"Is he gone?" she whispered, looking up at the prima ballerina who was trying to put plasters over the many blisters on her toes, but wasn't having much success. These 'waterproof' types were really no good. She would have to buy some more of the fabric type soon, but her budget was very limited. It was just as well they provided her pointe shoes or she would be skint in a week.
"He's gone," she replied, looking down at the stowaway. "But now come out and tell me why you are hiding here, of all places. If the theatre management find you you'll be in terrible trouble! I can speak for you, but I don't suppose it will help much. I'm only a dancer, after all, nobody important."
"But you were beautiful out there..." whispered Lizzie. "I don't understand. How can somebody who dances like that not be important?" She stared up at the woman. "You were amazing. i would give anything to be able to dance like that, but..."
"Do you have dance classes?" The ballerina reached down and took her hand, pulling her to her feet so that they could talk more easily. "Do you take ballet lessons?"
"Yes, and I have done since I was five. I didn't enjoy it, though. I only went because my grandma made me promise that no matter what happened I would dance. She thinks I could be the greatest ballerina ever to live, and she said I had to dance ... but I could never be better than you, I really couldn't, so she's wrong."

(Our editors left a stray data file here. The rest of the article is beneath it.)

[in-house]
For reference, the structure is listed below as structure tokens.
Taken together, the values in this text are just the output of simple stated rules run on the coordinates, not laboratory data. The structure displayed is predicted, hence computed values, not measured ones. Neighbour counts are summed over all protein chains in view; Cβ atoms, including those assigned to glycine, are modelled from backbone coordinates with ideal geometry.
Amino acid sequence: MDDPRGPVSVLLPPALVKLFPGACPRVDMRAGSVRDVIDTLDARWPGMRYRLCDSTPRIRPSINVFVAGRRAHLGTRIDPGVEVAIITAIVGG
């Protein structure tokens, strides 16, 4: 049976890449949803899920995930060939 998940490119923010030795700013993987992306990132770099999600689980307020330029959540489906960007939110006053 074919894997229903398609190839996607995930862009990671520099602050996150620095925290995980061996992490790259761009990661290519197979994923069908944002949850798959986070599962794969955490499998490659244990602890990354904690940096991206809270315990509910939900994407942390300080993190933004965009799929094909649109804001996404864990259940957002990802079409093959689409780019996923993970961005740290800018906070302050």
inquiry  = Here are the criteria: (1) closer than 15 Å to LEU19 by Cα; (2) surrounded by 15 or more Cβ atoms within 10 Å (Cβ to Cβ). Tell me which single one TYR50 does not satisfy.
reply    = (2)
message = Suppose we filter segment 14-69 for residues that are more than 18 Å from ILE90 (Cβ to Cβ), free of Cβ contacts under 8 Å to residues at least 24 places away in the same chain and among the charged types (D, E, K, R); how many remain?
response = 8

"What makes you think that?" A little wistfully, the ballerina thought of her own childhood. Her parents hadn't been keen on the idea of dancing at first, and would only let her take one class per week until she was ten years old, when her teacher really put her foot down. It was ridiculous, she had said, that such a talented child had talent which would go to waste. She could be great if only they would let her, and she wasn't going to take no for an answer. At eleven, she started to have daily lessons for an hour, and at twelve she was accepted as a late starter into the Royal Ballet School. But now ... now she almost wished she had what this girl had - the fire and the drive to become a ballet dancer though before it had been nothing.
"Well, I don't like dancing. At least, I didn't. The classes are boring: they're just exercises and exercises and stupid plies so it's not even real dancing. I want to be able to leap about and go on pointe and dance with other people, not do grands battements for hours on end! That's just stupid." She frowned, staring at the floor. "And I'm not flexible enough."
The ballerina had had enough of people moaning. She'd taught for a year before she became a principal and she knew there was nothing in what Lizzie had said. "Nonsense. Now, I'll help you. My name is Catherine and I'm only twenty five, so I'm not too much older than you. I'm telling you now that "I can't" or "I'm not" is not good enough for me, all right? I want you to sit against that wall." She pointed. Lizzie went. "Right, so you've got that far. Put your feet out in front of you. Legs straight! That's right. Okay, so reach over and touch your toes." Lizzie held her feet with ease. "That's perfect. What do you mean, you're not flexible? I've known hundreds of girls that couldn't even do that, and you're not one of them. You've got just the right amount of flexibility..."
When one of the corps de ballet came in, half an hour later, she found them in the middle of a difficult pirouette exercise. "That's right!" Catherine was shouting. "Just turn your head a little more quickly or you'll get dizzy..."
"Catherine, what is going on in here? The girl needs to go home ... her father will be going spare. You can't keep her here."
"Who says?" said the ballerina, sticking out her chin. "She's got the makings of a great dancer. I'm not going to waste that!